The best 16 shows on Broadway are all playing at the Samuel J. Friedman Theater in “Prince of Broadway,” a sumptuous revue celebrating the 60-plus-years of legendary director-producer Harold Prince’s fabulous career. Watching the hits flash by, like diamonds on a necklace, is sure to make you cry – with tears of joy if you saw that particular show, and tears of regret if you missed it.
The project was the brainchild of the composer-playwright Jason Robert Brown, who worked with Prince in 1998 on “Parade.” Getting it produced on Broadway was a seven-year effort that got a leg up when it played Japan in 2015. But now that the show is finally here, it seems clear that Broadway is where it came from, and Broadway is where it belongs.
The talent that went into this show is out of this world. Dazzling sets by Beowulf Boritt and breathtaking costumes by William Ivey Long pay proper homage to the original designers. (Look! That’s original set designer Boris Aronson’s name etched into the set for “Follies” — as if we could ever forget.) Jon Weston extends his respects to the original sound designers (how about those spine-chilling opening chords of “Phantom”?) and Howell Binkley is replicating lighting designs from some of the shows he worked on originally. Even Paul Huntley could consult the original hair and wig sketches from the half-dozen of Prince’s shows that he worked on, including the memorable golden helmet of the title character of “Evita.”
In addition to co-directing the show with Prince (with whom she worked on the Tony-winning 1994 revival of “Show Boat”), Susan Stroman has created more than a dozen distinct choreographic profiles to suit each musical. The range of styles is itself impressive, from the adorable shimmy-and-shake that Chuck Cooper playfully executes for Tevye’s “If I Were a Rich Man,” from “Fiddler on the Roof,” to the intricate staging of three songs from “Follies” (Prince’s personal favorite among all his shows), performed by the entire cast.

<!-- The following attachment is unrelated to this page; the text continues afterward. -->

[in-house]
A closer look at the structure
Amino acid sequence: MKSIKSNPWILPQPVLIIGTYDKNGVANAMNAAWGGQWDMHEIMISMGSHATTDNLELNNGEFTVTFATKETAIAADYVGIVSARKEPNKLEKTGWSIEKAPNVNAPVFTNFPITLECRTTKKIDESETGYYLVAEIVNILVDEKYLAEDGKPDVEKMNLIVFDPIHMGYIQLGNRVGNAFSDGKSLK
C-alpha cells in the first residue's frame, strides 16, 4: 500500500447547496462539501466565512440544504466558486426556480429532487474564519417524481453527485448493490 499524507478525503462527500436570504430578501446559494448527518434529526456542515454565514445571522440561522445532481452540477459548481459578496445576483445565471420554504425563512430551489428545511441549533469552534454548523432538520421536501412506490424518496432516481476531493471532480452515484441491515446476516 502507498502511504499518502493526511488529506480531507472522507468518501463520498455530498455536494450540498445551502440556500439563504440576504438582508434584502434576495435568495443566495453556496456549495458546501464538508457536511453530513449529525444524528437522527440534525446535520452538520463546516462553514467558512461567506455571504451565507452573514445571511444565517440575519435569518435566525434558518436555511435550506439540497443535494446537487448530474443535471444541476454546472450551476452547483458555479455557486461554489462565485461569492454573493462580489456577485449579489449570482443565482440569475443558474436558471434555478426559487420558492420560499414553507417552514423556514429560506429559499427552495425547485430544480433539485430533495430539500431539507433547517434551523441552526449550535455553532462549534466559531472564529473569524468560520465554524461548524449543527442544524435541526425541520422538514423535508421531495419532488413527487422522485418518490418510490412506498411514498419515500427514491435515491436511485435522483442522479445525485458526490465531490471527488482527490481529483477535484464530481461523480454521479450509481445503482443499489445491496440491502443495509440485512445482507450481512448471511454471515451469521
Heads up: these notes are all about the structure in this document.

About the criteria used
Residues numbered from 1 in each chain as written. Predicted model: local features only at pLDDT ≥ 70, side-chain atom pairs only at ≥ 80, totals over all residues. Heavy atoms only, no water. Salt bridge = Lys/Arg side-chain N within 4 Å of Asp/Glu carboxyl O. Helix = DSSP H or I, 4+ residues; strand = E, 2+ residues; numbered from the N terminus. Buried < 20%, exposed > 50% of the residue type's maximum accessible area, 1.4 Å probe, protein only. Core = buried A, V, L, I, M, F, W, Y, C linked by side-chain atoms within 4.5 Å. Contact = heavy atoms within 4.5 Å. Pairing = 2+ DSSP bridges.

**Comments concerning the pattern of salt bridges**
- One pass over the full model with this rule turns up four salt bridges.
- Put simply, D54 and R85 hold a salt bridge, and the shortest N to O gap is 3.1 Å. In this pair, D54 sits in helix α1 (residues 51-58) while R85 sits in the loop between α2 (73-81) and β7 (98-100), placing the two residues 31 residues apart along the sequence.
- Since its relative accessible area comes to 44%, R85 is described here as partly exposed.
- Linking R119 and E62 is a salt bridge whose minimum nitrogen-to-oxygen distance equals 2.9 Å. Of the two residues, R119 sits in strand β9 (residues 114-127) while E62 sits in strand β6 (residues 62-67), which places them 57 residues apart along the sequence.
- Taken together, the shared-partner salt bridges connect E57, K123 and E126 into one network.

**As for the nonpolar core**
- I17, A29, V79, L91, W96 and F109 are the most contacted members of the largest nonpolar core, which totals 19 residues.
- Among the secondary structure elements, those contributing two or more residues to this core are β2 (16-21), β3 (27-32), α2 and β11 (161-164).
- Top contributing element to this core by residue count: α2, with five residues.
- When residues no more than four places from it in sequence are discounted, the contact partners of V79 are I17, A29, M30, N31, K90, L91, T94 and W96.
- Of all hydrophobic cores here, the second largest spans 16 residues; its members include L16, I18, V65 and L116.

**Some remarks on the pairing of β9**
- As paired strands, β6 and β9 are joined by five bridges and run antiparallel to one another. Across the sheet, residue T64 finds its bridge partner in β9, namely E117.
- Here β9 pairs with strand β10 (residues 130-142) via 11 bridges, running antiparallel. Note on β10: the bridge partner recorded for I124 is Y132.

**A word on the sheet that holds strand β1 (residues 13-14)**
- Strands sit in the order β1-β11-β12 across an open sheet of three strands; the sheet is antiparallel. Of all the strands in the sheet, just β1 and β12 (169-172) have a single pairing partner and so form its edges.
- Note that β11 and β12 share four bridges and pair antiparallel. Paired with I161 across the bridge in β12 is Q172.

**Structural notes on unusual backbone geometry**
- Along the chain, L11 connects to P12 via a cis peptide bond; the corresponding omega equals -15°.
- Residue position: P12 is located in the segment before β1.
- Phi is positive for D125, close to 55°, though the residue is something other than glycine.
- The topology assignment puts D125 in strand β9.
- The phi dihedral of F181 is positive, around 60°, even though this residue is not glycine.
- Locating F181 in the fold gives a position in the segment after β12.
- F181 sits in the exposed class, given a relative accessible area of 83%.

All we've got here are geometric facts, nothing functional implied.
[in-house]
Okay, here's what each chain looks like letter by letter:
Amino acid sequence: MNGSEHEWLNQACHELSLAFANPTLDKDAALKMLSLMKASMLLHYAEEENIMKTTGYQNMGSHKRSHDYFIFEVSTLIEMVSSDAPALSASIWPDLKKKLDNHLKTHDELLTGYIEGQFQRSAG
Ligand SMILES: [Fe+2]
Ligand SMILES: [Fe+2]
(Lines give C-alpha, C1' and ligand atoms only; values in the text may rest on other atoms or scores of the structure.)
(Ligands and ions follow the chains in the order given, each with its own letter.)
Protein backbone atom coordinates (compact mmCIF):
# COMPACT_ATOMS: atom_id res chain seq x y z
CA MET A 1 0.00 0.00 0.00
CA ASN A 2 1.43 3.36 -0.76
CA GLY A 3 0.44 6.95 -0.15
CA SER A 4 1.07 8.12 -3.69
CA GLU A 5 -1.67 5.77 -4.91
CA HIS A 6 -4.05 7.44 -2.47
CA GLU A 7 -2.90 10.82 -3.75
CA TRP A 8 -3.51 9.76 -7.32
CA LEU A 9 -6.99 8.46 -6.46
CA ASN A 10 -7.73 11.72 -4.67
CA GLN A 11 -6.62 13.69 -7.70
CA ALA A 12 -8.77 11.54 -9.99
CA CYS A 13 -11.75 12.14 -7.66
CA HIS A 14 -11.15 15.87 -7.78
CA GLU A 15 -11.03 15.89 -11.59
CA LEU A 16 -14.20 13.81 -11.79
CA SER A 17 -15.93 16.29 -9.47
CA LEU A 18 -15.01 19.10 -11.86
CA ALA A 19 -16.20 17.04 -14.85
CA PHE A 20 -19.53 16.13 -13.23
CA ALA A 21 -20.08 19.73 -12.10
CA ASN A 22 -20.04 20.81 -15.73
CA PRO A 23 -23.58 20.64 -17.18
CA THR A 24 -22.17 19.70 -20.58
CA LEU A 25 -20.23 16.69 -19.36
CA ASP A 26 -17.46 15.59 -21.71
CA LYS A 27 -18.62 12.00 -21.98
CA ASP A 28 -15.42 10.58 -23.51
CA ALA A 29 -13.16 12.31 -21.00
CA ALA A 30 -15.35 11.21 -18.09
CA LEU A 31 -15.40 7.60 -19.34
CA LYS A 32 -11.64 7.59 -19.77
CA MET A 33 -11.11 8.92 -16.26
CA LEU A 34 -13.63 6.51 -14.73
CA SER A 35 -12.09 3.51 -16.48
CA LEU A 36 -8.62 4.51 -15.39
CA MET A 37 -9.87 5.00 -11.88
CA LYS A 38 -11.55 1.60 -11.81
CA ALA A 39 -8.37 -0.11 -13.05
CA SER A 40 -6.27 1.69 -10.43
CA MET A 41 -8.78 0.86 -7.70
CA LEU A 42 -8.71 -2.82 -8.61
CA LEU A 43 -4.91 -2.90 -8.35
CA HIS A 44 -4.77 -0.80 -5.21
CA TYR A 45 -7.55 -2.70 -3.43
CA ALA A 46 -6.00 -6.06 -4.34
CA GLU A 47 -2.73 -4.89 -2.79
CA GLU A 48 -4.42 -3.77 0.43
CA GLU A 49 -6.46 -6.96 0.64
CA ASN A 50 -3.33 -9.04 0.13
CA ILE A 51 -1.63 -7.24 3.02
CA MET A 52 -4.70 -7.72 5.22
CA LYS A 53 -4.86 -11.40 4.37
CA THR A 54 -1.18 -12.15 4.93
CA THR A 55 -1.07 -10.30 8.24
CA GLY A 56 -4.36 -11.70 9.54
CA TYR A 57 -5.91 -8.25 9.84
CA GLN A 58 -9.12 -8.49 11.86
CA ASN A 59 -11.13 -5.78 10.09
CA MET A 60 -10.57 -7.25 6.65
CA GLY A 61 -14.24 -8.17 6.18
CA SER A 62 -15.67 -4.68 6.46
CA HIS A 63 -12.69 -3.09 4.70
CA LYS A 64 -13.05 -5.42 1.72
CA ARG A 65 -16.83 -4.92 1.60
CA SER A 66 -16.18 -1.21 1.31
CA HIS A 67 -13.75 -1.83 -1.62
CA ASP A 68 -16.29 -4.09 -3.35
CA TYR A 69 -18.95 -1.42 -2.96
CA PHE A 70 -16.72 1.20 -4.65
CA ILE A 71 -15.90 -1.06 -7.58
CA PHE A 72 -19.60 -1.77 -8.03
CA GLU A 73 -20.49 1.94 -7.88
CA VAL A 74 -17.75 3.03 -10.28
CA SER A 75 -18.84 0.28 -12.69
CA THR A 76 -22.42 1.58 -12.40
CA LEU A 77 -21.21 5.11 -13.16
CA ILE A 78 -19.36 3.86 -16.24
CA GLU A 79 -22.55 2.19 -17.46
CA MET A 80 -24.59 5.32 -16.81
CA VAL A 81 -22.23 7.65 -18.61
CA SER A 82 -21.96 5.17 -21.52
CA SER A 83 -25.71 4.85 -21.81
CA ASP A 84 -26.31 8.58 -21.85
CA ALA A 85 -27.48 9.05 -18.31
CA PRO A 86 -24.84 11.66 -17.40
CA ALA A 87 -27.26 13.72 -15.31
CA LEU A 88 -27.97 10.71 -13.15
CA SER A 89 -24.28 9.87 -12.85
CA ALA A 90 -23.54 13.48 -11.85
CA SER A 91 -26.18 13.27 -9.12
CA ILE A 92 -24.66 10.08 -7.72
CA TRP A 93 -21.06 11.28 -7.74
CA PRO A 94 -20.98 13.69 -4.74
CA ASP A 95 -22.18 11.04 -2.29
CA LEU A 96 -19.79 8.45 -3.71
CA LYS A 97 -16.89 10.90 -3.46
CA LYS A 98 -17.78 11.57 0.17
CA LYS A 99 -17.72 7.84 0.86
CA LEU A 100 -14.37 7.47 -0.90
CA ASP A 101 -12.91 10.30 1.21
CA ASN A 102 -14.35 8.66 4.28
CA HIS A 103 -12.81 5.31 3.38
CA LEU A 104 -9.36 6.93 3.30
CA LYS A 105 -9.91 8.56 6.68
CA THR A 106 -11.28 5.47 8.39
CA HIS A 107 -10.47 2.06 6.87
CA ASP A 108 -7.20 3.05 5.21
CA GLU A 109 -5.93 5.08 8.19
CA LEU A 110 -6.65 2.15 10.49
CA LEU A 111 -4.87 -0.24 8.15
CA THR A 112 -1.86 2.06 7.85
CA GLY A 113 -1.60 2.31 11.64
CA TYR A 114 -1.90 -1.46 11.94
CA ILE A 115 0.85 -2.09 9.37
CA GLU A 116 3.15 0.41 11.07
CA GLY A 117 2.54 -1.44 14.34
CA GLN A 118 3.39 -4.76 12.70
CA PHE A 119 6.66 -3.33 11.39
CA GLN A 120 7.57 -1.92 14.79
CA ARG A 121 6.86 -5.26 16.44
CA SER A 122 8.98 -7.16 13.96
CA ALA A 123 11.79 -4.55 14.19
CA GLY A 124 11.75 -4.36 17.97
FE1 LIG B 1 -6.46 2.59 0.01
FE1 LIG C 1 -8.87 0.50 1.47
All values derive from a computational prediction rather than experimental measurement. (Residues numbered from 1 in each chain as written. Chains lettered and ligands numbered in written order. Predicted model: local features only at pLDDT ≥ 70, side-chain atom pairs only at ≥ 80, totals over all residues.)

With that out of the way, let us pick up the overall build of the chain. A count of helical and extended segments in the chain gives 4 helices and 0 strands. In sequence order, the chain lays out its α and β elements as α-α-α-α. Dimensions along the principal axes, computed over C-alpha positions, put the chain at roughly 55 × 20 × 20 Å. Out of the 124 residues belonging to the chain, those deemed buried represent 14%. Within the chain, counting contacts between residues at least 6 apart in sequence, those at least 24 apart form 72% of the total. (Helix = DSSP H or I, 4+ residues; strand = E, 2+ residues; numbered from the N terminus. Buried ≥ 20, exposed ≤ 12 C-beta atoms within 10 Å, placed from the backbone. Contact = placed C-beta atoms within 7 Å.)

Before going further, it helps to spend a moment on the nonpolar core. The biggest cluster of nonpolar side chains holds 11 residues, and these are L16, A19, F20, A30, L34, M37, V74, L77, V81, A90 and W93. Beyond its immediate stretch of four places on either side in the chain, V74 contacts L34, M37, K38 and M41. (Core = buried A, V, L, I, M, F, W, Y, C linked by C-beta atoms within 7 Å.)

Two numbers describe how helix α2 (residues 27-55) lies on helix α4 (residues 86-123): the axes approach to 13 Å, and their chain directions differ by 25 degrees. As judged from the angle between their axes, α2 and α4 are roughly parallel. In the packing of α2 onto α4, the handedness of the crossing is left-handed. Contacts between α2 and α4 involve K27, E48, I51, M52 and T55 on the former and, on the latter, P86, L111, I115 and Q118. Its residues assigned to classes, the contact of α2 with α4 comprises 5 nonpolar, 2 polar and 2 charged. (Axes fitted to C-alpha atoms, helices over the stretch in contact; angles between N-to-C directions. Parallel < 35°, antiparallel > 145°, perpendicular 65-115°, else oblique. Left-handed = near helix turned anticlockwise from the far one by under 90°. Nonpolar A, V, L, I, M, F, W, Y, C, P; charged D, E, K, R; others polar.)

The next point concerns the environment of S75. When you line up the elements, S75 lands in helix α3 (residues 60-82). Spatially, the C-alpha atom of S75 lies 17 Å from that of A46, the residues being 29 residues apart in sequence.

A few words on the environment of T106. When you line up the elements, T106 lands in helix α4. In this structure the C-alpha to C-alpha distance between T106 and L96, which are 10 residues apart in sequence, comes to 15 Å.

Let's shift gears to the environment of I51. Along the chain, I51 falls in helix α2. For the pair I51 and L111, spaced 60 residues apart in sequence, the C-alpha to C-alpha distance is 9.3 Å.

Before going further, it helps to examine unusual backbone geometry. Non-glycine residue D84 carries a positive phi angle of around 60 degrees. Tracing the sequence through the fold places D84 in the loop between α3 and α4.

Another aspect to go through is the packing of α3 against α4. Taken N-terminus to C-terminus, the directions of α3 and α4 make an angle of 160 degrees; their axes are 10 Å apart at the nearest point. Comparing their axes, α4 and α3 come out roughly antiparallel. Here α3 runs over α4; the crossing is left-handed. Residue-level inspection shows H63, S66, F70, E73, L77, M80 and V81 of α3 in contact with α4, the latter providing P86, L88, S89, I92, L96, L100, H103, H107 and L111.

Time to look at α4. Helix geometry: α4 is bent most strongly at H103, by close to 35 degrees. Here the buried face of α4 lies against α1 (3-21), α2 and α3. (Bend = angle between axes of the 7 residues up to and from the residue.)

Unbeatable as an ensemble, cast members also get their individual moments to soar: Tony Yazbeck’s amazing dance solo to “The Right Girl” from “Follies”; Karen Ziemba’s hair-raising version of Fraulein Schneider’s bitter “So What?” from “Cabaret”; Emily Skinner’s scalding “Ladies Who Lunch,” from “Company”; Kaley Ann Voorhees, transcendent as Maria in “West Side Story”; Michael Xavier sinking his teeth into “The Music of the Night” from “The Phantom of the Opera”; Janet Dacal’s dramatic “Don’t Cry for Me Argentina” from “Evita”; Bryonha Marie Parham’s Sally Bowles, clawing her way through the title song from “Cabaret”; Brandon Uranowitz’s creepy Emcee from the same show; and Chuck Cooper’s rumbling “Ol’ Man River” from “Show Boat.”
Although it must have been hard to choose favorites for this show (nothing from “LoveMusik”?), the scope of Prince’s career is smartly represented by the selections and their respectful treatment. There are none of those hateful medleys that make you feel deprived; many shows are represented by two and even three fully staged songs. “Cabaret” has four selections that, taken together, musically summarize the show. You may wish “Prince of Broadway” were twice as long, but you won’t go away hungry.
Prince contributed a Director’s Note in the program that refers to what he calls his amazing “luck” in beginning his theatrical career at a golden moment in the mid-1950s, when the great director-producer George Abbott was still around to learn from (in Prince’s first show, “The Pajama Game”) and the young Stephen Sondheim was just starting out (in “West Side Story”). The list of his creative collaborators is a roll call of legends: Jerome Kern, Oscar Hammerstein II, Leonard Bernstein, Arthur Laurents, Hugh Wheeler, Joseph Stein, Sheldon Harnick, Andrew Lloyd Webber, and the beloved team of John Kander and Fred Ebb. Not to mention the choreographers and designers who came up with him in the ranks.
“Sometimes, I think I got in just under the wire, when the theater was central to the entertainment industry,” Prince writes, “and there was an atmosphere of ease, camaraderie and community.” And when the cost of doing “an elegant Broadway musical” was $250,000, he adds. Ever the realist.